Not Getting a Root Canal Could Kill You!

Do you get the chills when dentists talk about the possibility of a root canal? If you have worries about the pain the procedure can induce, you are not alone. The general population has many misconceptions about this simple, painless, and potentially life-saving procedure. In fact, root canals relieve pain rather than being the cause of it.

Why Get a Root Canal?

Inside the roots of your teeth, there are several empty canals that allow nerves to pass through to the middle of your tooth. Due to tooth decay, inflammation, or infection, the canal becomes filled with debris and its pulp is filled with bacteria. When this happens, there is excruciating pain and swelling around the jaw and neck if it’s left untreated. If a root canal is not performed, the infection could easily spread to your brain and potentially kill you!

What is the process?

Deep in the roots of your teeth there are river-like chambers that branch into tinier canals to house your nerves, natural tissue, and pulp. This pulp tissue becomes inflamed when there is an infection. To put it simply, the pulp chamber provides a perfect habitat for bacteria to multiply and eventually fills the chamber with a pus-filled gunk called an abscess. If left untreated, it damages your nerve and tooth permanently.

First, your doctor applies local anesthetic to avoid any pain or discomfort. Now a hole is drilled into your crown (top part of your tooth) so the canals can be reached. Once there is a clear route to the pus-filled canals, the dentist then uses special root canal files to file away the remains and completely scrub the area clean. Distilled water is used to wash away debris during the procedure. Depending on the severity of the infection, a filling may be placed on the same day to seal up the tooth and canals. Otherwise, a medicine or a temporary filling is placed before placing the permanent fixture. The filling is made of a special formula that lasts a lifetime!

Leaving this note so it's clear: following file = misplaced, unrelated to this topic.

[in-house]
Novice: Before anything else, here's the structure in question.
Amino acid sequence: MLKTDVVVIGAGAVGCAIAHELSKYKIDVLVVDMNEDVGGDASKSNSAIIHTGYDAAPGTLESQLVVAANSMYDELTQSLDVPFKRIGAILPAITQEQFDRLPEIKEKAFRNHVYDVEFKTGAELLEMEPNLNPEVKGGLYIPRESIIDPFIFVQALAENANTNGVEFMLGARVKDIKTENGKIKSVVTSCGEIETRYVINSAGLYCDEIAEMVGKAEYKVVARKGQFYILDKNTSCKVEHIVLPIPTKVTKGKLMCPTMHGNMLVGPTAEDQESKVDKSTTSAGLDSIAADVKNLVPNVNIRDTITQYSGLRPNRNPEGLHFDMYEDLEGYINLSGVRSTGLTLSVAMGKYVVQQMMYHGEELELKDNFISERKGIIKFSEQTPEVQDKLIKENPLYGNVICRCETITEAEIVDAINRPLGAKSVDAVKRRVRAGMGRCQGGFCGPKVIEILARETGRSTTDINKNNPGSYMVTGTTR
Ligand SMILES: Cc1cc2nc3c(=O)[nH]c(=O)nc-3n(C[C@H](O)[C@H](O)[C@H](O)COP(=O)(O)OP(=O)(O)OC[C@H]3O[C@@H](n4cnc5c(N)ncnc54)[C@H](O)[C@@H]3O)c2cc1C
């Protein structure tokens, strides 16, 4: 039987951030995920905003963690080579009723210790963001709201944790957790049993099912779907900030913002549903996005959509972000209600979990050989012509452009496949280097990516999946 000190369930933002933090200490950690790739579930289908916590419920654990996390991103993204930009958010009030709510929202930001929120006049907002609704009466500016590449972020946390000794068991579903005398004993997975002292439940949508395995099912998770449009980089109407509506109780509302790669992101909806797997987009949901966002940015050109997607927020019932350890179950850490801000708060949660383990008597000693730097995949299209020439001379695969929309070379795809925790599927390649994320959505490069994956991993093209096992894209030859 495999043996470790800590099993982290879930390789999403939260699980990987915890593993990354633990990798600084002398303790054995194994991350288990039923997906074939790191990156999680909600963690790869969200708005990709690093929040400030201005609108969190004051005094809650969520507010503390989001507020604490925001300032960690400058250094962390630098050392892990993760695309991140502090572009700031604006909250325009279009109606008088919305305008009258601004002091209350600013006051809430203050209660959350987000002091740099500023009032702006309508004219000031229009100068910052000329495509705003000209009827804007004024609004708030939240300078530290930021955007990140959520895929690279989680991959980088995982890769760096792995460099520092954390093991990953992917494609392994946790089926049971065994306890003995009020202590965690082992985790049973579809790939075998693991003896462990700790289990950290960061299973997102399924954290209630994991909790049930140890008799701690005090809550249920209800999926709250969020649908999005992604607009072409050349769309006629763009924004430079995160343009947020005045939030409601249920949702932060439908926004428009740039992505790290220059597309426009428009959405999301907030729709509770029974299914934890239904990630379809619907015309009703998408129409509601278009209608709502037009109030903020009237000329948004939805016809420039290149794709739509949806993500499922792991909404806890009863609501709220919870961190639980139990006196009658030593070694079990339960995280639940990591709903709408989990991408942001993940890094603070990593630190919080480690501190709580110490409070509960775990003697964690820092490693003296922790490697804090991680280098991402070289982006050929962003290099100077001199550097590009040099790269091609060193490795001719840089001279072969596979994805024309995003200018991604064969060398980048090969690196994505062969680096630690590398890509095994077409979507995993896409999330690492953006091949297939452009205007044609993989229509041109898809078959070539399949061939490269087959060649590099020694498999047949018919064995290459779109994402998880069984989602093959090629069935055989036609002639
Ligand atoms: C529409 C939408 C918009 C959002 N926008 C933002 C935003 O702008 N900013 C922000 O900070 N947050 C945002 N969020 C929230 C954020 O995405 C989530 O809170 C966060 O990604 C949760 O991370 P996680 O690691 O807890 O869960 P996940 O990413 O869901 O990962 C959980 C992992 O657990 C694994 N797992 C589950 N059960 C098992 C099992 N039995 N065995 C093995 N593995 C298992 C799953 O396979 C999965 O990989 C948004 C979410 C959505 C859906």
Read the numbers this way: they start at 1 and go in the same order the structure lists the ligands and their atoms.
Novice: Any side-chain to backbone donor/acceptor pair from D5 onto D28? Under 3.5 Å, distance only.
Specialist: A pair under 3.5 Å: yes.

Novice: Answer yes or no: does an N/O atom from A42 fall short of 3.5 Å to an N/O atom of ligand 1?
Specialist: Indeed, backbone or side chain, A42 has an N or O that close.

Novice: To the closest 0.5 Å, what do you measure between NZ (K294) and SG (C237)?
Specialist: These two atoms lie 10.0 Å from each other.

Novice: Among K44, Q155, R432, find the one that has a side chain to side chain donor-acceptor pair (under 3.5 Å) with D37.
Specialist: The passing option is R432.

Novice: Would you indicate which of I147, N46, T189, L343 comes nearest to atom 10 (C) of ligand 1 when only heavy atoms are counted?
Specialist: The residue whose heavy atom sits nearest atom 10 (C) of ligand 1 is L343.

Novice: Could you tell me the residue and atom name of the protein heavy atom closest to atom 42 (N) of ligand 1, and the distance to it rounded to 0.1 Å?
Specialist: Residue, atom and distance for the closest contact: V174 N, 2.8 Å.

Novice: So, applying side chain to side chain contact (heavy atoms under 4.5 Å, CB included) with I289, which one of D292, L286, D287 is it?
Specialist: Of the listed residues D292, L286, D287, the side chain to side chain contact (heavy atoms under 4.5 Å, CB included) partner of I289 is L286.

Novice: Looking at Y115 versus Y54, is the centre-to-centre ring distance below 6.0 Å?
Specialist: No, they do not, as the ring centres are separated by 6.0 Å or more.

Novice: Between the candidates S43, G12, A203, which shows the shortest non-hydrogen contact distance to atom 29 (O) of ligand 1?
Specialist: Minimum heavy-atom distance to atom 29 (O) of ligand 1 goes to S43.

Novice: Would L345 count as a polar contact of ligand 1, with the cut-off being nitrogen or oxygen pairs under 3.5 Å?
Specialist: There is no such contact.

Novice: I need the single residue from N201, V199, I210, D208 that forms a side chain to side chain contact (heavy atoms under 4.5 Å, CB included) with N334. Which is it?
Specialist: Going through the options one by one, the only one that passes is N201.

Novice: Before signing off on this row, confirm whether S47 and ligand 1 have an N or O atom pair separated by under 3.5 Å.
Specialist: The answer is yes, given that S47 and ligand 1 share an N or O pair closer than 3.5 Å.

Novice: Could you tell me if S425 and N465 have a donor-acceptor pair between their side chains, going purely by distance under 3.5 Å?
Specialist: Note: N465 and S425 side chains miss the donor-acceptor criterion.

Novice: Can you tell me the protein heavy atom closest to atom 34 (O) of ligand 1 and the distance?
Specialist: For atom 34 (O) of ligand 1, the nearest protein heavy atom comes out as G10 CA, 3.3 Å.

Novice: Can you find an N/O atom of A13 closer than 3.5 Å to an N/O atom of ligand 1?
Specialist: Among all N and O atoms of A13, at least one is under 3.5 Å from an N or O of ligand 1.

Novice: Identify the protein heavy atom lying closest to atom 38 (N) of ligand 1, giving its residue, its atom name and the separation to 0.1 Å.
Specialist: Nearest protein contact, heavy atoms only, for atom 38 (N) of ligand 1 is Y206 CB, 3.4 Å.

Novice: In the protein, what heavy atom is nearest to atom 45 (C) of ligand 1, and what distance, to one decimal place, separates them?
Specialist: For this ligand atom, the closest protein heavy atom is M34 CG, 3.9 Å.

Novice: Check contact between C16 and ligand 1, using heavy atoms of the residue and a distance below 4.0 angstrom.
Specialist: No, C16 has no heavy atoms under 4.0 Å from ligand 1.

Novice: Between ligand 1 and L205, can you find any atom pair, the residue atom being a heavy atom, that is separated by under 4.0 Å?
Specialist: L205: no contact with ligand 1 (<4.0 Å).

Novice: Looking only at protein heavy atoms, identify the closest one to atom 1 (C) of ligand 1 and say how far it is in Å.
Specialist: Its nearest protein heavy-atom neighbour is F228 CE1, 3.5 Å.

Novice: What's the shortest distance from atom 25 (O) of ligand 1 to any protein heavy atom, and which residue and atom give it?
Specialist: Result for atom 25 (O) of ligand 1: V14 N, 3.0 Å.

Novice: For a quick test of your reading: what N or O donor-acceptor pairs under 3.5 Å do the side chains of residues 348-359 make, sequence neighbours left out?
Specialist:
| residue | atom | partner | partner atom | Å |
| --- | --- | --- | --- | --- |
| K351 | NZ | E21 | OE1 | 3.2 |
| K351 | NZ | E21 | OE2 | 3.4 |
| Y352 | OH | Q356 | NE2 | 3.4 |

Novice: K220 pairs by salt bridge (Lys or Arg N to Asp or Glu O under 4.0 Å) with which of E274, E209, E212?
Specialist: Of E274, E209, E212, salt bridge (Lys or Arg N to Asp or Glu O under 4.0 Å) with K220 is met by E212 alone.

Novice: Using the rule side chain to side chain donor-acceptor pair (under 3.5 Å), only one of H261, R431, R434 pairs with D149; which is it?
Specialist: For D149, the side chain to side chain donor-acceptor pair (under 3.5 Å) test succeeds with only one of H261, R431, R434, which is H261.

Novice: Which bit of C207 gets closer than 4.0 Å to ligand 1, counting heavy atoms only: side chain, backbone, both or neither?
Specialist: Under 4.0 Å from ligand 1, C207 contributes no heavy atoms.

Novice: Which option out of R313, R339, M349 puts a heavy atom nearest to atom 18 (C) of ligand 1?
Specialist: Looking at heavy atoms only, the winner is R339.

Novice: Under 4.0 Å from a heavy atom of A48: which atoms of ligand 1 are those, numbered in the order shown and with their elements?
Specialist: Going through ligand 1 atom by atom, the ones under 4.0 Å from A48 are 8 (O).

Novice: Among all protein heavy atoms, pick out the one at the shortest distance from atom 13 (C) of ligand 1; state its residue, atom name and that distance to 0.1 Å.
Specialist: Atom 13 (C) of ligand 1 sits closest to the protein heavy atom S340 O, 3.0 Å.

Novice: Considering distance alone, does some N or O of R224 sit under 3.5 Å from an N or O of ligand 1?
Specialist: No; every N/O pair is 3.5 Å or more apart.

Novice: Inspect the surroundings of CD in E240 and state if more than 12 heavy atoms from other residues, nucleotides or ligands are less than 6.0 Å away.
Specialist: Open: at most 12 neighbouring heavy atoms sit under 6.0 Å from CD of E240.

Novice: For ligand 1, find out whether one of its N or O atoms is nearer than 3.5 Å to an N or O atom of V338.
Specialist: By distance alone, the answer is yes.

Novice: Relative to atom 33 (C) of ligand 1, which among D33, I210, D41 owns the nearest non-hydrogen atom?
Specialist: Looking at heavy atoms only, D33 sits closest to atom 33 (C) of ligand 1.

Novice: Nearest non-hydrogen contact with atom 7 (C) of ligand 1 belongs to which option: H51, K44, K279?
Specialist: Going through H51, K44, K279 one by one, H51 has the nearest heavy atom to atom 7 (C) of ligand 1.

How effective is it?

The procedure of root canal has a 95% success rate and is a painless procedure. If you do not want permanent tooth and nerve damage then root canal is the only option. If root canal is delayed, resulting in permanent tooth damage, then a dental implant can serve as a replacement. However, the preventative procedure of a root canal is far more cost effective than a total dental implant.